Thousands of abortion opponents marched to the Supreme Court on Monday to mark the 39th anniversary of the Roe v. Wade decision legalizing abortion, and supportive lawmakers urged them to further their cause by working to defeat President Barack Obama in the fall.
The "March for Life" has been held every year since 1974, a year after the landmark Supreme Court ruling. It's consistently one of the largest protests of the year in Washington, although soggy, chilly conditions likely kept this year's numbers down a bit.
House Speaker John Boehner addressed the group, reminding those gathered on the muddy National Mall that he's one of 12 children
"I'm sure it wasn't easy for our mother to have 12 of us, but I'm glad we're all here," the Republican lawmaker said. "I've never considered being pro-life a label or a political position. It's just who I am."
Several dozen members of Congress addressed the rally and were cheered by participants, many of whom carried signs reading "I Vote Pro-Life First," "Defund Planned Parenthood" and "Face It ... Abortion Kills a Person."
Signs endorsing Republican presidential contenders were less ubiquitous, although some in the crowd favored Rick Santorum and Ron Paul, both favorites of conservative Christians.
Rep. Chris Smith, R-N.J., urged anti-abortion voters to unite behind the eventual GOP nominee.
"We don't have the luxury of disunity or nominee disappointment or apathy," Smith said. "For the sake of the innocent, failure to unite is not an option."
Republican frontrunner Mitt Romney has said he wants to see Roe v. Wade overturned. But Janet Hoven, 55, of Chester, N.J., said he still needed to do more to court anti-abortion activists.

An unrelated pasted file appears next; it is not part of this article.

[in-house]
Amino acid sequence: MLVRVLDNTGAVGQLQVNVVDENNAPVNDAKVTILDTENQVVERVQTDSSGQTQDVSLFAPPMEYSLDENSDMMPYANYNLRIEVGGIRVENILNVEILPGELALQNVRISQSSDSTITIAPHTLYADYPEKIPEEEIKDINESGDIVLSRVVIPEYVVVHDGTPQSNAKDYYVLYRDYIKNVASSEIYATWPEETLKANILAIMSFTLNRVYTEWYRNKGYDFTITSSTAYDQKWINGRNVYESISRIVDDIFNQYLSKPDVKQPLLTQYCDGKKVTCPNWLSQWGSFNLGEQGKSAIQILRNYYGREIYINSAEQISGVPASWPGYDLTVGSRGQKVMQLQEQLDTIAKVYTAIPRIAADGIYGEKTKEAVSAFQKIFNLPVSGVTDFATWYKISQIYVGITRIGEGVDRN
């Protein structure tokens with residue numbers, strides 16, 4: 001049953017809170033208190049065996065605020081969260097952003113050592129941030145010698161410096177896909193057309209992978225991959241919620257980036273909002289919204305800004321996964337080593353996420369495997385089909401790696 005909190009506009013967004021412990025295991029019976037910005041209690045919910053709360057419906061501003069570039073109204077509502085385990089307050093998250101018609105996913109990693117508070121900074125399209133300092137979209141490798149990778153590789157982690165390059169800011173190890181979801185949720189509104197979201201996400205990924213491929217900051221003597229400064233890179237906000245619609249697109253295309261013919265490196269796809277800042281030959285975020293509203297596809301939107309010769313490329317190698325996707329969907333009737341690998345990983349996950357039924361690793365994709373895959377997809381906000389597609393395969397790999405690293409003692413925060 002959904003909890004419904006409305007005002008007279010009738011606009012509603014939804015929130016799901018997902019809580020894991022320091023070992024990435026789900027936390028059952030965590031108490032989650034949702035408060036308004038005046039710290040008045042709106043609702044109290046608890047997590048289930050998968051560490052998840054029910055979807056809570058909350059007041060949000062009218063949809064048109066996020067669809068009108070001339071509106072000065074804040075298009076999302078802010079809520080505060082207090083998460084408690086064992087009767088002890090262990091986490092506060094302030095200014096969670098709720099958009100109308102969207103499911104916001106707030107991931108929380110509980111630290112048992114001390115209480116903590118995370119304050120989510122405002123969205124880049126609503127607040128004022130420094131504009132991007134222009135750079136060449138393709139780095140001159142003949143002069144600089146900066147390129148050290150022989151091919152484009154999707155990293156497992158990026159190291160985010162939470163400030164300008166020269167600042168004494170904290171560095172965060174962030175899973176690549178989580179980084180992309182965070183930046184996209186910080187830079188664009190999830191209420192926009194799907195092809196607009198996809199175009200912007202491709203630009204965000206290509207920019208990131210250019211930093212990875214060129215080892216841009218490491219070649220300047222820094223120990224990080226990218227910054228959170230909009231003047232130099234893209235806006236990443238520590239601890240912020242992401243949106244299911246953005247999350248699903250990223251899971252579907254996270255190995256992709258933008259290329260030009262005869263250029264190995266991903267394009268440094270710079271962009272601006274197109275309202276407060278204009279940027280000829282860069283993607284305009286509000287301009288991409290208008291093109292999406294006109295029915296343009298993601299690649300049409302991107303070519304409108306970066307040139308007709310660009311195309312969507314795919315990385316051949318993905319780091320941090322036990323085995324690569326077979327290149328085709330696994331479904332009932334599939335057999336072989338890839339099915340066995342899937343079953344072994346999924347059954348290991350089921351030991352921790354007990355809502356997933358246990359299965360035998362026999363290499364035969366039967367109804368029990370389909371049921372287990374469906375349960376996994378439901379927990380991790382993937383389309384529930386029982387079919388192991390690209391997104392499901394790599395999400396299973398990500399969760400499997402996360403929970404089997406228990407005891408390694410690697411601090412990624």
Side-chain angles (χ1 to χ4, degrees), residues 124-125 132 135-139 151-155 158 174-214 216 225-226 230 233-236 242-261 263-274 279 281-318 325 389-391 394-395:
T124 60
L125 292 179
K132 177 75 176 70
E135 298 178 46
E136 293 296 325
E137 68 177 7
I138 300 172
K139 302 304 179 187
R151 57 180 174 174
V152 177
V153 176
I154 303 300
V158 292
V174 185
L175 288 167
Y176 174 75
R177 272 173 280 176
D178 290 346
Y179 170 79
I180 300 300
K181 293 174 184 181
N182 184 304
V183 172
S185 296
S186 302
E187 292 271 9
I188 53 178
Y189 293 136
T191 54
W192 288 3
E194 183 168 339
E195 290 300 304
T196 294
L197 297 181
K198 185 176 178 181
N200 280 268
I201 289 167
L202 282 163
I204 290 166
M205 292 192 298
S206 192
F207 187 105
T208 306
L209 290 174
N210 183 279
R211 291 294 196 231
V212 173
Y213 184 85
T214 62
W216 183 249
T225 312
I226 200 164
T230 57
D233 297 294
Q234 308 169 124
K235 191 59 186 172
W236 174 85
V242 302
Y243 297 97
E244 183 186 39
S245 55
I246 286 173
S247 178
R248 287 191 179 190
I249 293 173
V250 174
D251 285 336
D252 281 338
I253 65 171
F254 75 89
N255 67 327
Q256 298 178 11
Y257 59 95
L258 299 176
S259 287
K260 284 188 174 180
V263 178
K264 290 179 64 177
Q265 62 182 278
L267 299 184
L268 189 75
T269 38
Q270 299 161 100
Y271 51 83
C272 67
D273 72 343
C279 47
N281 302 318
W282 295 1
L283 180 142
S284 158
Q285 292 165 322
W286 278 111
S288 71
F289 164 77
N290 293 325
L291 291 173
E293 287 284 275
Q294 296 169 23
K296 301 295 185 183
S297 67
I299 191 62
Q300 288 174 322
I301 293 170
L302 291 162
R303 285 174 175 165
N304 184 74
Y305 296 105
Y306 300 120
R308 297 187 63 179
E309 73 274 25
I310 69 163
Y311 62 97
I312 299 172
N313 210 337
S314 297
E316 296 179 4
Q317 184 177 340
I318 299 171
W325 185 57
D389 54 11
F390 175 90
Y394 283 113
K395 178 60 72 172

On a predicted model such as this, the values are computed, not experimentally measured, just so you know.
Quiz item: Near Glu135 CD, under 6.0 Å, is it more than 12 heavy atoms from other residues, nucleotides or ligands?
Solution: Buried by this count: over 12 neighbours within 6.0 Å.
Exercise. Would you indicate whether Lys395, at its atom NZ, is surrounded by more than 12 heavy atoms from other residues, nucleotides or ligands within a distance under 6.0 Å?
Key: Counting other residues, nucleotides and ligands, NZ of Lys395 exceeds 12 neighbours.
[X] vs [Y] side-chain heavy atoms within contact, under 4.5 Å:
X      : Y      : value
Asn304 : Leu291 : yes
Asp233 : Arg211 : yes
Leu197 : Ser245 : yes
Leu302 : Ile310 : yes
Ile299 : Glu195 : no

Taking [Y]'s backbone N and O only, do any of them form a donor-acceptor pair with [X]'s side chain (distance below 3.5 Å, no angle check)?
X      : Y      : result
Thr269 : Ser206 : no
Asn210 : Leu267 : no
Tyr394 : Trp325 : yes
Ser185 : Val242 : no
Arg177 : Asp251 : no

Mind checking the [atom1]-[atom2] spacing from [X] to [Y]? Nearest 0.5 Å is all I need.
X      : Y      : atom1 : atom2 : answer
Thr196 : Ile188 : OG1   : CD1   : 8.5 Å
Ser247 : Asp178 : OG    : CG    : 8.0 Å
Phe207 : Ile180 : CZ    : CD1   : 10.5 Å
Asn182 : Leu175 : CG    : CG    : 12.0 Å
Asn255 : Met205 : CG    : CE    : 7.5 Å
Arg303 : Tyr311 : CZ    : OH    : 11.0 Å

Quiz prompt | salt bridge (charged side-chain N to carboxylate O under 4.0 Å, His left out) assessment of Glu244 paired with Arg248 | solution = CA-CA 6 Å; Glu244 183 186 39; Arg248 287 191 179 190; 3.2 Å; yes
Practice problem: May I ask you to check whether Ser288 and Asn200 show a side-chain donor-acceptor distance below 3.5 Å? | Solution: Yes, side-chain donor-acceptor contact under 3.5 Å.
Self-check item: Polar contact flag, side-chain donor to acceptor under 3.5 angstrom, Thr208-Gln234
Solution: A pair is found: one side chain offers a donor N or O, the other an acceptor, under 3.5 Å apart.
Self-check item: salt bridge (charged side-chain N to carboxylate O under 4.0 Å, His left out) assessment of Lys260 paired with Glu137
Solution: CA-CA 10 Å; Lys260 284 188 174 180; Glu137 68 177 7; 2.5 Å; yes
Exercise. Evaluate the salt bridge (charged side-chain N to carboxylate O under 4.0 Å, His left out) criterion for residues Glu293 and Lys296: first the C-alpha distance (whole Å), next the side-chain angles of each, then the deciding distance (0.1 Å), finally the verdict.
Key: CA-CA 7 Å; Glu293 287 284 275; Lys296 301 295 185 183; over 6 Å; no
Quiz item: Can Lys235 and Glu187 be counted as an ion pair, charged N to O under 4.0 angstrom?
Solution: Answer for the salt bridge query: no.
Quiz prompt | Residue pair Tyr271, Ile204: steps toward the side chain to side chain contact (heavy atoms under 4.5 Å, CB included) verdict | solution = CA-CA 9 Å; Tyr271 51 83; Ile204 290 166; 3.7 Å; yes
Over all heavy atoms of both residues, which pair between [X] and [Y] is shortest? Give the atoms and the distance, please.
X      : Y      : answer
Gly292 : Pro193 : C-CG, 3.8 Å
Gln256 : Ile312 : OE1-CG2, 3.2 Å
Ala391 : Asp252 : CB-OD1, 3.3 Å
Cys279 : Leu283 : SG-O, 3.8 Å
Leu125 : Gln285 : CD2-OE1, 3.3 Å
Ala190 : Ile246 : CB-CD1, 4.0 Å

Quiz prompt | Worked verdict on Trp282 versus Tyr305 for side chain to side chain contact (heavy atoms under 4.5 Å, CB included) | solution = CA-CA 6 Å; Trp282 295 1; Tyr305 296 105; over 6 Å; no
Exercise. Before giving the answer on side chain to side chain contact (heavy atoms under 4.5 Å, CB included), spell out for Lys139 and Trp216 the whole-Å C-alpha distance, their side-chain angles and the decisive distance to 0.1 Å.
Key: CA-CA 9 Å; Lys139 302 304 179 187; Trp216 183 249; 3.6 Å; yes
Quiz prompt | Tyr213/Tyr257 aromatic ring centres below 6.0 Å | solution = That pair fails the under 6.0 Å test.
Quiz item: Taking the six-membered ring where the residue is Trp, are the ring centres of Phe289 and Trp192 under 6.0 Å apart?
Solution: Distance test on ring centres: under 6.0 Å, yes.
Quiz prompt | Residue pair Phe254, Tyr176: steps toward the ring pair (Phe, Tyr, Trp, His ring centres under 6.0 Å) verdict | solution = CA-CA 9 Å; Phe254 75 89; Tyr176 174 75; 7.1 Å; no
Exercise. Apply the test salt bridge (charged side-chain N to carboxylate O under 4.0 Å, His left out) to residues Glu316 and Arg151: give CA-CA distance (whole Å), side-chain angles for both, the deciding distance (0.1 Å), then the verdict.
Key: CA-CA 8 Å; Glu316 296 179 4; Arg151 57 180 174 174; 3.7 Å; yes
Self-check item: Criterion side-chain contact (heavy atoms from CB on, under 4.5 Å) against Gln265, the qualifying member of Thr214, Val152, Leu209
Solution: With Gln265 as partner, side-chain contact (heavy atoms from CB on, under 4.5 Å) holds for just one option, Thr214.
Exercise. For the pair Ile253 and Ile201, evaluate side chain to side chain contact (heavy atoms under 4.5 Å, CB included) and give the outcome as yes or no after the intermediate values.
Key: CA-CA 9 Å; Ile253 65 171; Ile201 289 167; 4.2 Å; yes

"He's going to have to come out very strong for life. I certainly will pray that he will," said Hoven, a Romney supporter.
Carolee Zentkovich, 68, of Columbia Station, Ohio, said she supports Santorum but would gladly vote for Romney in the hopes of getting Obama out of office.
Americans remain strongly divided on abortion.
A Gallup poll last year showed that 49 percent of respondents identified themselves as "pro-choice," while 45 percent called themselves "pro-life." The same survey found that 50 percent of Americans believe abortion should be legal under some circumstances, 27 percent said it should be legal in all cases and 22 percent said it should always be illegal.
Nancy Keenan, president of NARAL Pro-Choice America, said in a statement that politicians supporting the March for Life were ignoring more pressing issues.
"Anti-choice politicians and their allies promised to focus on creating jobs, yet they are attacking a woman's right to choose at near-record levels," Keenan said. "This extreme agenda is out of touch with our country's values and priorities."
Some marchers said opposition to abortion transcends partisan politics.
"Eight years ago, when George W. Bush was president, we were still out here," said Michael Tober, 36, of Muskegon, Mich. "It's not a Republican thing; it's not a Democrat thing. It's a human thing."
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